“But if you love and must needs have desires, let these be your desires: To melt and be like a running brook that sings its melody to the night. To know the pain of too much tenderness. To be wounded by your own understanding of love; And to bleed willingly and joyfully.”
Or at least risks it–thinking of love. The stuff of Hallmark cards and heart-shaped sweets, love (despite all its complexity) is too often served up as a cardboard character: rainbows and ponies.
Love is so much more interesting than we usually allow ourselves to think. So multi-hued. So as Kahlil Gibran describes it.
To melt and be like a running brook that sings its melody to the night:
Pierre Bonnard’s beloved Marthe. Liquescing in her tub, sunk in polychromatic symphony — the painting begun the year she died, he seeing it through in all her vanishing (a melody to the night).
To know the pain of too much tenderness:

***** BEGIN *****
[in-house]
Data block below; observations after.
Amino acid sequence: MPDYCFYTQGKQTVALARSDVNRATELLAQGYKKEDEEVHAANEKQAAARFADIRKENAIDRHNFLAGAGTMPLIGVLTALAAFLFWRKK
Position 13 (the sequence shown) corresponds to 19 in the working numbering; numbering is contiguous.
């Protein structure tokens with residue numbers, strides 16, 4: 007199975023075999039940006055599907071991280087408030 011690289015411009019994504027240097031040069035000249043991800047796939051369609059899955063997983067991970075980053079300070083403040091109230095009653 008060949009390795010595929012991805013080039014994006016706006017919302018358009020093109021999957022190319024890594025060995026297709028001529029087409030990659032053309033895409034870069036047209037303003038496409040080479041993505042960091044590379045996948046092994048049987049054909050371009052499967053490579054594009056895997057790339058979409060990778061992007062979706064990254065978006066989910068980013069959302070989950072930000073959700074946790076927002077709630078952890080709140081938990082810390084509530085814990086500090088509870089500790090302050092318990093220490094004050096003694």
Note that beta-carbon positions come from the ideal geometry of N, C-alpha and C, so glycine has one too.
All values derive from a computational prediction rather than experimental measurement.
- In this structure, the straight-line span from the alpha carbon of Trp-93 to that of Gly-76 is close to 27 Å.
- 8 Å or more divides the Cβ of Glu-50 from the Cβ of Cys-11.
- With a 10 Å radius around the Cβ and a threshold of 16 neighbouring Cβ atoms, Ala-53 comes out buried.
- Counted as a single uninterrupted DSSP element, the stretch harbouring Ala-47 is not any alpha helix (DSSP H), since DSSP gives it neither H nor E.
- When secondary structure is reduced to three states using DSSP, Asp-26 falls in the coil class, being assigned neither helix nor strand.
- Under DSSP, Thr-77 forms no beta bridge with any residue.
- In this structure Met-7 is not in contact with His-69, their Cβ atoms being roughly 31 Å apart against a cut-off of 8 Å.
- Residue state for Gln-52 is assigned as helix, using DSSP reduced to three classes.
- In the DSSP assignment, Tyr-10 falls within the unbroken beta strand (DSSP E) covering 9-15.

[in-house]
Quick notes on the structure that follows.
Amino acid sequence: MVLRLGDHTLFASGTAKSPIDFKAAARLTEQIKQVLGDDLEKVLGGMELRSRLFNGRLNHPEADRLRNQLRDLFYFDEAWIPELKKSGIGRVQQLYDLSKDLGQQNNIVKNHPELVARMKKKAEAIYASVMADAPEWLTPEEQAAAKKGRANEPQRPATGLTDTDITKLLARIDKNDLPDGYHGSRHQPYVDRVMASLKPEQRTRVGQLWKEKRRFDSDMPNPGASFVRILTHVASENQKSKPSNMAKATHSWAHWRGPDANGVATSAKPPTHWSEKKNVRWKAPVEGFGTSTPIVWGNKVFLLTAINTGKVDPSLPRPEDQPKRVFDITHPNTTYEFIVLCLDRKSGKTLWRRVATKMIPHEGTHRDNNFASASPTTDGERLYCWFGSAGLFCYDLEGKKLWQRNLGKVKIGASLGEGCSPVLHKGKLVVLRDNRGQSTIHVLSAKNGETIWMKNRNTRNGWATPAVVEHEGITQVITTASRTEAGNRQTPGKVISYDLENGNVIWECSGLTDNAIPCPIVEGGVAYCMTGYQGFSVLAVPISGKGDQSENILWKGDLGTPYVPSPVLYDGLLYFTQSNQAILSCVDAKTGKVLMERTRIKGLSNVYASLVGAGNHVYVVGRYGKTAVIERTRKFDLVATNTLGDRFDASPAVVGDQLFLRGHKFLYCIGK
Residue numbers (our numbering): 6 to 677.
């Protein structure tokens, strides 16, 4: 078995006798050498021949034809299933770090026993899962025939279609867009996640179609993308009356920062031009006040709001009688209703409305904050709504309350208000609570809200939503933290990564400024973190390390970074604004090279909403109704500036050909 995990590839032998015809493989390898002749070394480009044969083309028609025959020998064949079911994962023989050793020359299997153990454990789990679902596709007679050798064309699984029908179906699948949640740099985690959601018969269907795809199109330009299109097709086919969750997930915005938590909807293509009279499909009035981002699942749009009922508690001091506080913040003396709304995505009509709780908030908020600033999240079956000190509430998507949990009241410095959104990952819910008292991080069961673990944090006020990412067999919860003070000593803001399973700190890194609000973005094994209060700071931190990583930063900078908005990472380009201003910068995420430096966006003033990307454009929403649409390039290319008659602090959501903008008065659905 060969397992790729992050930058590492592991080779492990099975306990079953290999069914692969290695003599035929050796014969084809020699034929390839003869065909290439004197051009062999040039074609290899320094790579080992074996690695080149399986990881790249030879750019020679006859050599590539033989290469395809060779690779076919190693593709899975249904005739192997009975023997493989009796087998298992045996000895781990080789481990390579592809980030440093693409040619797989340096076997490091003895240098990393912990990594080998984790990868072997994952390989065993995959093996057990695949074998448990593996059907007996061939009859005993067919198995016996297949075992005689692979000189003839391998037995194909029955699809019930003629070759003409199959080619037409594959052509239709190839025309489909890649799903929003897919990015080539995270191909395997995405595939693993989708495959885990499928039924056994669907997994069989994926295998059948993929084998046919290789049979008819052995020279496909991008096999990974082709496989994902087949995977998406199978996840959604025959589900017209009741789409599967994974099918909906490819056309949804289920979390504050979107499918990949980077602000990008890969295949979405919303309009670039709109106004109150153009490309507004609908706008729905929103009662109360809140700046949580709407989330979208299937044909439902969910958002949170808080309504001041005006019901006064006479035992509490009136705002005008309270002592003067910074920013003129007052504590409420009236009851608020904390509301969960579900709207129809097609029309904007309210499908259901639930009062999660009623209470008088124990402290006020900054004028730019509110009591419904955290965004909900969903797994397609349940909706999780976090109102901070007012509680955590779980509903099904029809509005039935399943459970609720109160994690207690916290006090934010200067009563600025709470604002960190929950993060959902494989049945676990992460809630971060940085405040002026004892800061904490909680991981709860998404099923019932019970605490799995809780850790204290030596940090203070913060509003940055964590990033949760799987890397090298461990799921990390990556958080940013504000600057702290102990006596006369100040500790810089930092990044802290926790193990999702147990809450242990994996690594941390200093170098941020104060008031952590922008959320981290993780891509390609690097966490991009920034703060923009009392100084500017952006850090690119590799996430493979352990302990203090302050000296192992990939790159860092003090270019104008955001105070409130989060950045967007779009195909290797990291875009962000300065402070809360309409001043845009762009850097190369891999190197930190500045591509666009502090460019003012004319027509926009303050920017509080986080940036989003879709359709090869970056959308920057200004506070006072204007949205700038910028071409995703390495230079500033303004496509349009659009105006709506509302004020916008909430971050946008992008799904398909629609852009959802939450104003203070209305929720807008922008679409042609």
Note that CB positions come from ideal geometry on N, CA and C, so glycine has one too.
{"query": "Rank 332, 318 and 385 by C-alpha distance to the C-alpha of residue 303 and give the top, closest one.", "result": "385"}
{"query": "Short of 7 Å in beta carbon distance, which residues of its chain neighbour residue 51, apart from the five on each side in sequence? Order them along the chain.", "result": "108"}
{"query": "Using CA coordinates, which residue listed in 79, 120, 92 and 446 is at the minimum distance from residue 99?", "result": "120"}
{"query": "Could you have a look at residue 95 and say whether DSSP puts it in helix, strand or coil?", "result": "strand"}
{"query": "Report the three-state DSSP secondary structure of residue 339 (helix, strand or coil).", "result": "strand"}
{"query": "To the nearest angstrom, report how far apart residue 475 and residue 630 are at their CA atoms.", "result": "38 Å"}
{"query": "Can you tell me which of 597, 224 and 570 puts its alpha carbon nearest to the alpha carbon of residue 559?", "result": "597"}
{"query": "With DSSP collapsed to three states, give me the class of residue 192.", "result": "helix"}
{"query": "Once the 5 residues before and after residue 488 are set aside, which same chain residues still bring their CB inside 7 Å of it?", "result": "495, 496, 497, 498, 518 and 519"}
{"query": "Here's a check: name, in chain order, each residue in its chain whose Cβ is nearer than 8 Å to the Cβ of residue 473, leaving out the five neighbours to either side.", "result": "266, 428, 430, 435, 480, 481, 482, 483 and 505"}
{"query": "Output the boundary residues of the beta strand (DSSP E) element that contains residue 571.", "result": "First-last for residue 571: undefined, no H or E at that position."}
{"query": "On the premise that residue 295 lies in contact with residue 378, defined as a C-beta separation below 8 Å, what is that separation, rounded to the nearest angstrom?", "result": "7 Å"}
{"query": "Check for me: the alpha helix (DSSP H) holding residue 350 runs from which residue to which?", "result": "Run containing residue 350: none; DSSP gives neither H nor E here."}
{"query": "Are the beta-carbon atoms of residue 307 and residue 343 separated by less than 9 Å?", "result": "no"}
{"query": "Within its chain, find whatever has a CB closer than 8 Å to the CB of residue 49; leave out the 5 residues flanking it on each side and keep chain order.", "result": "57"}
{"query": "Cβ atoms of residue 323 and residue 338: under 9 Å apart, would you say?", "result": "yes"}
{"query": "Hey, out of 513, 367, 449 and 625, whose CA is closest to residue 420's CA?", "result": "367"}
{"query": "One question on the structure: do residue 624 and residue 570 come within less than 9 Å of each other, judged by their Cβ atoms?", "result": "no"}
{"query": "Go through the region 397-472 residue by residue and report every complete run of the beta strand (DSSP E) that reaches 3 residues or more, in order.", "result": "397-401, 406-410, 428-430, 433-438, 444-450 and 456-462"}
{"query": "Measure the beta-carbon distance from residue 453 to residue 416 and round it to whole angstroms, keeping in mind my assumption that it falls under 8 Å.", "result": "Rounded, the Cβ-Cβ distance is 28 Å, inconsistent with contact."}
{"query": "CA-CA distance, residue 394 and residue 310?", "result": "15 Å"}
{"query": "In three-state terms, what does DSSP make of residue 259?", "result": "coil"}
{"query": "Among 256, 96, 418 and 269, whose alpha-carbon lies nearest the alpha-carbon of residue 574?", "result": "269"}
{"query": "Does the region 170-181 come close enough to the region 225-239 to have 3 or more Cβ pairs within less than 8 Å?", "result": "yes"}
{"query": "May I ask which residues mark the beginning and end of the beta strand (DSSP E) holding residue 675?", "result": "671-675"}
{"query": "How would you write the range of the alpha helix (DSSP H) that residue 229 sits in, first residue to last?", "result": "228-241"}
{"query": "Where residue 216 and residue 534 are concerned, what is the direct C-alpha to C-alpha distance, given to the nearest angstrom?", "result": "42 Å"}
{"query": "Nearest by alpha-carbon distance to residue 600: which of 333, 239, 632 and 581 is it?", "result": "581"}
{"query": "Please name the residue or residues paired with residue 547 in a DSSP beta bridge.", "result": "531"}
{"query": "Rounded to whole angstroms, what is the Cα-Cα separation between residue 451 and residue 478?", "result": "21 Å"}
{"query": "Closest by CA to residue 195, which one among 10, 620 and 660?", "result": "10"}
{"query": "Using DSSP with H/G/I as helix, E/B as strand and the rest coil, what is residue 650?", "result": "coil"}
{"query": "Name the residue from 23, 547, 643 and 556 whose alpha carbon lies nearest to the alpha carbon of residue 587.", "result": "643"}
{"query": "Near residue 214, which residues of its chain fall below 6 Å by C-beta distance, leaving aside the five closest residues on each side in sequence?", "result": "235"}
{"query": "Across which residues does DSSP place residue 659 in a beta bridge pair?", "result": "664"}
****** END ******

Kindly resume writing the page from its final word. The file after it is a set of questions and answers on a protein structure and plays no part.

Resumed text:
These hands by Kathe Kollwitz… the hands of a mother brought to life in a 1900 drawing by a mother whose own son Peter was to die on a World War I battlefield 14 years later. 31 years she carried her grief, not to pass herself until 1945. Kathe Kollwitz knew the pain of too much tenderness.
To be wounded by your own understanding of love:
My own. The day Elisif died, my head filled with what I had to make: 24 red-pastel-grounded drawings, each 24″x24″ (Elisif gone at age 24), vivid cadmium yellow gouache in lined turbulence — Elisif’s brilliant and restless spirit; my love song. (Wounded by my own understanding of love.)
And to bleed willingly and joyfully:
And to bleed willingly and joyfully. And to bleed willingly and joyfully.
That: that is love.